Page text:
Triplet craziness

Our guitar ensemble became adventurous recently and began rehearsing a piece by Nikolai Koshkin entitled Changing of the Guard. (There are a couple of performances on YouTube if you care to search on those parameters.)

It's a very 20th century style of composition with lots of dissonance and out of kilter rhythms. (Or are they? It's a somewhat "Don't adjust your set" situation, anyway ...) The dirtiest part from a playing point of view is where he (Koshkin) sets up crotchet triplets over straight crotchets (which is tricky but not unusual) and then introduces straight quavers on top of that and again, a couple of bars on, puts quaver triplets on top of the lot. Bastard! The following pic shows an extract:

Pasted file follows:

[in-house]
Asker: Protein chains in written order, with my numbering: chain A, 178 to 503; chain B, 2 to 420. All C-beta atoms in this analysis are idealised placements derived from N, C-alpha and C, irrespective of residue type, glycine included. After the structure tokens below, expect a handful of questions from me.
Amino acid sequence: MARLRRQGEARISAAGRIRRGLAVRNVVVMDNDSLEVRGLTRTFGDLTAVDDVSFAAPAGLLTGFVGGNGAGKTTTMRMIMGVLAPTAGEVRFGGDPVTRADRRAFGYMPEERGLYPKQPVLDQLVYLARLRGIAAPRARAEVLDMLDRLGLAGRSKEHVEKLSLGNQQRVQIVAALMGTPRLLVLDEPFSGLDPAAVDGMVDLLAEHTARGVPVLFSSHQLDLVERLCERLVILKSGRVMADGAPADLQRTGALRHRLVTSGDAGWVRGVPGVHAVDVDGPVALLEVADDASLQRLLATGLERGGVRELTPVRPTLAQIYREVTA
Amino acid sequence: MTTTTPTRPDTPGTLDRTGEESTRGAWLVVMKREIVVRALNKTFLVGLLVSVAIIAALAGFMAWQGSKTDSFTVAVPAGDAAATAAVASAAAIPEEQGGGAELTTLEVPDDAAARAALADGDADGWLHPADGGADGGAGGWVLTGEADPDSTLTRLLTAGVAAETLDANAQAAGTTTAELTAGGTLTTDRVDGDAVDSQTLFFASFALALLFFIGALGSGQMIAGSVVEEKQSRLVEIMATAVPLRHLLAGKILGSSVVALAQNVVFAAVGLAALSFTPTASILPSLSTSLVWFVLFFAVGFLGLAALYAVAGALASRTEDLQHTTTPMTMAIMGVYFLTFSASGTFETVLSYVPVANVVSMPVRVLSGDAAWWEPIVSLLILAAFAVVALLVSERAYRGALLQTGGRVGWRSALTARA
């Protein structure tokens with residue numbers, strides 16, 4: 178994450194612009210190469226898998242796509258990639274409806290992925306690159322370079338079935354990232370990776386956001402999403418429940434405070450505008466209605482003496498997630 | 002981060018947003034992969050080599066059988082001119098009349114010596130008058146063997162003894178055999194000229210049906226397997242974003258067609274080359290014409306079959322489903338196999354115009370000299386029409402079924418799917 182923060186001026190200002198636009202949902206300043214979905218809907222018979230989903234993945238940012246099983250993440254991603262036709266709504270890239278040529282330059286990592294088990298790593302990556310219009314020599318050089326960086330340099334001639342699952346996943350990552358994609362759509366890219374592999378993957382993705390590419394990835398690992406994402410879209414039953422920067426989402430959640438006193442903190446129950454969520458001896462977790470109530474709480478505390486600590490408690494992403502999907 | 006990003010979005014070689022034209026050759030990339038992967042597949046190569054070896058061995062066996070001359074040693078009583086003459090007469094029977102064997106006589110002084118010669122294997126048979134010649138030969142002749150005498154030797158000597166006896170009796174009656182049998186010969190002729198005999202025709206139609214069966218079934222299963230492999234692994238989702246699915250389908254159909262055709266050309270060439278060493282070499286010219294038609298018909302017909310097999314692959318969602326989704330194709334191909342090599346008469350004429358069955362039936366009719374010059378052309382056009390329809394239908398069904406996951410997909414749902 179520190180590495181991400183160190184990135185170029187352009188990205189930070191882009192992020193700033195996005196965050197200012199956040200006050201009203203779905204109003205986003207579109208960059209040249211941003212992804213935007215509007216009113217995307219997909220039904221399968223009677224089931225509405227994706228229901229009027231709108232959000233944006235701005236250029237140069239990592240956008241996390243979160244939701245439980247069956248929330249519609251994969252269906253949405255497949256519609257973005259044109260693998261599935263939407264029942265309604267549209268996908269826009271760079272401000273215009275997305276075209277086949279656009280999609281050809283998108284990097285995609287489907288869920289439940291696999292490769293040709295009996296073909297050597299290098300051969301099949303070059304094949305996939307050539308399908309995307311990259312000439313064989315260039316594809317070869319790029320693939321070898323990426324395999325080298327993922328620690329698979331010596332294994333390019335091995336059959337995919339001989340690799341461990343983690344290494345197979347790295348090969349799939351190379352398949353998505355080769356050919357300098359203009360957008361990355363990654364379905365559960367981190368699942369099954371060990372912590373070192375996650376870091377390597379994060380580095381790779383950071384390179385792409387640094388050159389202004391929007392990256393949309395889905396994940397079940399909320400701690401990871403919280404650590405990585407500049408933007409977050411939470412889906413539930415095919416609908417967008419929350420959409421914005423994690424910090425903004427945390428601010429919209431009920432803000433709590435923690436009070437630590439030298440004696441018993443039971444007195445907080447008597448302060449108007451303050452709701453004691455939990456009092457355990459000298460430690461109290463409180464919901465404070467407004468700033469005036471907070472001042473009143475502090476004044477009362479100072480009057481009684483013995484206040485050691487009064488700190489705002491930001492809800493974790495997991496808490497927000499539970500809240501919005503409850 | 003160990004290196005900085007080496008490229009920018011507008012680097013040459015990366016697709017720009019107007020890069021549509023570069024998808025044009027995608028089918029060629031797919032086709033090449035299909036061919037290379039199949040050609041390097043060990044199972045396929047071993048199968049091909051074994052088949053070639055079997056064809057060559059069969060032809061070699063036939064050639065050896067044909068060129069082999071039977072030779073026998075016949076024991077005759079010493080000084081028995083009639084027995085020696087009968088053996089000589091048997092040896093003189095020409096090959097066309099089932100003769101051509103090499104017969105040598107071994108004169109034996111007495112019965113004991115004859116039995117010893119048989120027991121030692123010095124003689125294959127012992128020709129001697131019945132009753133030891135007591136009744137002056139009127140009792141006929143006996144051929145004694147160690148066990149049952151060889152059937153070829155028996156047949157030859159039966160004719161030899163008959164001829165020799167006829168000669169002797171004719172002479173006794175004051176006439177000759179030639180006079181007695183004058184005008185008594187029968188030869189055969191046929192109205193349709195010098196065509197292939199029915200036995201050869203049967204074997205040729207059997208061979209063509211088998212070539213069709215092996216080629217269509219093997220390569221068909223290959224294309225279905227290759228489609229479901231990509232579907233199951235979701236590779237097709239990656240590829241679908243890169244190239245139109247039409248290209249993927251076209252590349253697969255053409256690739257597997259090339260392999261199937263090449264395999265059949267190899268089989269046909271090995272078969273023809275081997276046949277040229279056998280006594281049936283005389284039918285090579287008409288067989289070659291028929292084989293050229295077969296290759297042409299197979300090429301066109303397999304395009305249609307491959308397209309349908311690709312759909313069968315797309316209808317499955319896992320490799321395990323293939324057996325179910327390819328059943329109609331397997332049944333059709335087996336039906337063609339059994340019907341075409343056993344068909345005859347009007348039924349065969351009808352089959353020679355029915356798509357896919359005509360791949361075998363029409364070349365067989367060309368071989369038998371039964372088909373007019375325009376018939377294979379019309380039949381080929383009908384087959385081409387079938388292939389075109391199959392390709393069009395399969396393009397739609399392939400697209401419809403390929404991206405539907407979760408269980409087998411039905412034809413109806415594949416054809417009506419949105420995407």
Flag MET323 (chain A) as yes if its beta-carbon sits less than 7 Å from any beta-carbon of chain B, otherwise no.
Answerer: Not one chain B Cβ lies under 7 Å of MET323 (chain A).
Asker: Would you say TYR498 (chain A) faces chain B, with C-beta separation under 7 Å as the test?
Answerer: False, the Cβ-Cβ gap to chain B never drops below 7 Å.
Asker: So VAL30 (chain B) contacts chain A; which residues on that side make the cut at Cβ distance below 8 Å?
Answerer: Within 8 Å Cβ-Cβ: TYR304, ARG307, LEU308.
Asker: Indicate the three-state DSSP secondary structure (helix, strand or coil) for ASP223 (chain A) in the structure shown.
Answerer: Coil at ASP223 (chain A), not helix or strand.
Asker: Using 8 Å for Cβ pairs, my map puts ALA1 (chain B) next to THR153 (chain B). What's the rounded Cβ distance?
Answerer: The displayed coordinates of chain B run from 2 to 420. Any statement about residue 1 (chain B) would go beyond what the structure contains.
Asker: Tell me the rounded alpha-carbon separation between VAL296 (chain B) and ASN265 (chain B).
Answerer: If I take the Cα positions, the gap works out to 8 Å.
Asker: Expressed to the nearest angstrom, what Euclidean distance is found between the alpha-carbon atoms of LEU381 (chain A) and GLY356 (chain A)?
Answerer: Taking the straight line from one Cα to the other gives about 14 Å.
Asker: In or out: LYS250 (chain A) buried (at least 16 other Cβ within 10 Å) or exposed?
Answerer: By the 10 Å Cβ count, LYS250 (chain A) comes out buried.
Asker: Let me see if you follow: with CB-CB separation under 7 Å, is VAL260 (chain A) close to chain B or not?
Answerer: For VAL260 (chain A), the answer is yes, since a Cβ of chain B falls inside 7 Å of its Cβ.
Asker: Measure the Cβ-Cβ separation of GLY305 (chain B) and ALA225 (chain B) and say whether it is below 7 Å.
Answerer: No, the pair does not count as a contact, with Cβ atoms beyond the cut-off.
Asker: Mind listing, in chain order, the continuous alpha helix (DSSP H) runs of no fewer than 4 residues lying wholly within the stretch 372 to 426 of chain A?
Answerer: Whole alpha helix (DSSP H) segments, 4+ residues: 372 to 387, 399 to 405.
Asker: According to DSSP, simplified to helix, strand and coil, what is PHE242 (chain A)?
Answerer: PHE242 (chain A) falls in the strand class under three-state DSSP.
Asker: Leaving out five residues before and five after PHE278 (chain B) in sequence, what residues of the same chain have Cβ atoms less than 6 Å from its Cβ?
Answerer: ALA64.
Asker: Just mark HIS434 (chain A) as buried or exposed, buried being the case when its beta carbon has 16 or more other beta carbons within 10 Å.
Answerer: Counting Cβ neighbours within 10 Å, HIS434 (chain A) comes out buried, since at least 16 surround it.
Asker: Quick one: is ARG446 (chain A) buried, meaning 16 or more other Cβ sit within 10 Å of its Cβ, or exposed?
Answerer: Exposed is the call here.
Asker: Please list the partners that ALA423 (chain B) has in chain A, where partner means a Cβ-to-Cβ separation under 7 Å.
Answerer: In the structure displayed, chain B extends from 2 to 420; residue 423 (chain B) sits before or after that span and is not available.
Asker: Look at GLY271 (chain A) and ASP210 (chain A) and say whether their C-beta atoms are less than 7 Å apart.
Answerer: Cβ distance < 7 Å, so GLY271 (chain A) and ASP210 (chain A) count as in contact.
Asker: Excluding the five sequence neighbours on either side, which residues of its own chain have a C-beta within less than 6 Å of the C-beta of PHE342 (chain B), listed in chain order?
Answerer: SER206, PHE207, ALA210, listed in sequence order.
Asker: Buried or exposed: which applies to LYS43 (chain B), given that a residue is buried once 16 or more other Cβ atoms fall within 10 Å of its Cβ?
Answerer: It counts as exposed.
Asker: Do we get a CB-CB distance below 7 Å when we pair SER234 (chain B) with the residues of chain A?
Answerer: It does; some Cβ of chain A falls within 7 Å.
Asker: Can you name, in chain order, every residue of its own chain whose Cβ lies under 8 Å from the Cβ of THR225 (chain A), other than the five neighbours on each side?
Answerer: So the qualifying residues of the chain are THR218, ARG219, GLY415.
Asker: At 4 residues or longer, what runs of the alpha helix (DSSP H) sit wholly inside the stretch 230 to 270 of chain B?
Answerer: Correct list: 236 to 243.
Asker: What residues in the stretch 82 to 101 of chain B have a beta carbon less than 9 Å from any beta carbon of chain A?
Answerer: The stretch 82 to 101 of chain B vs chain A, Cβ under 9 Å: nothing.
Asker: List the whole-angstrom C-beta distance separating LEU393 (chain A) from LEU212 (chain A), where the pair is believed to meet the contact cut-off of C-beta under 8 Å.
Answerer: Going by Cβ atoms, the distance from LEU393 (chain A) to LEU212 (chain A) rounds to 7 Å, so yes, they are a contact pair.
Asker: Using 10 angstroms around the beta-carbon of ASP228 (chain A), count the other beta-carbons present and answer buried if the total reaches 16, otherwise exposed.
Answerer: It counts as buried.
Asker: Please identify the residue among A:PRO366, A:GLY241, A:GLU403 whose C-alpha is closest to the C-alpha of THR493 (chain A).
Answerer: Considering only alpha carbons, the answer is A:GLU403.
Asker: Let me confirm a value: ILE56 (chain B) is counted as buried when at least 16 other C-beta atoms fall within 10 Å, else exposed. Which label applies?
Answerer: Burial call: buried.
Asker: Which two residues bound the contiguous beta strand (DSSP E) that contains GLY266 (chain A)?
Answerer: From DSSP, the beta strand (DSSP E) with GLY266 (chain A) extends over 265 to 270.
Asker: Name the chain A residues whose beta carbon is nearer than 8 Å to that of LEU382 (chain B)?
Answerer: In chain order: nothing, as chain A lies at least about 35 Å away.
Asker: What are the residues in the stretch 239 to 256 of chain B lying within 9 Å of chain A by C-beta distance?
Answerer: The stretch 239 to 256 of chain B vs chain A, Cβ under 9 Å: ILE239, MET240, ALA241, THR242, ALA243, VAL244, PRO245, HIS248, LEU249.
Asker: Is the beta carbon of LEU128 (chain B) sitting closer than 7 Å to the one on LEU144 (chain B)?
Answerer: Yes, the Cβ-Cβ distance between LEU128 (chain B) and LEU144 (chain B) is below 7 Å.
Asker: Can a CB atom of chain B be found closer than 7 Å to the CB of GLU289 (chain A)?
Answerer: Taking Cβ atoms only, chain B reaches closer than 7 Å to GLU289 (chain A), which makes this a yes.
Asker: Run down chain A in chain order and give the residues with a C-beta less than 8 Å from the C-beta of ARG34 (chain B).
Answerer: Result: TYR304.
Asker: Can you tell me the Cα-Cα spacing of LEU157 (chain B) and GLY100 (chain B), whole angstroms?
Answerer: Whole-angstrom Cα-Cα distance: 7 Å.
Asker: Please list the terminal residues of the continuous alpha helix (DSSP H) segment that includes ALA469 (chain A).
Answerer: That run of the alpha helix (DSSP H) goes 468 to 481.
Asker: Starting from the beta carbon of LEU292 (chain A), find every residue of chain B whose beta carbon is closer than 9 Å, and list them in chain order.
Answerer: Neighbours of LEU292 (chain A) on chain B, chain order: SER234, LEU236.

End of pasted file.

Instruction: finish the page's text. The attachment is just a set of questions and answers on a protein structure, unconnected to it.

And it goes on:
Image of several bars of Koshkin score

There was some consternation at rehearsal, and several theories of how best to count it became airborne, before variously going up the chimney, falling to the floor, flying out the window etc. Personally I was pretty intimidated and kept my head down. But with the help of Sibelius (wonderful music scoring program) I believe I've got it fugired - and I'm keen to share.

I've reduced it to a few bars of drums which you can play on the Scorch Demo page.

You do need the Sibelius Scorch plug-in however - if you can't see the score, get the Sibelius Scorch plug-in here.


True generosity toward the future consists in giving everything to the present. ~Albert Camus, L'homme révolté

Theme by Danetsoft and Danang Probo Sayekti inspired by Maksimer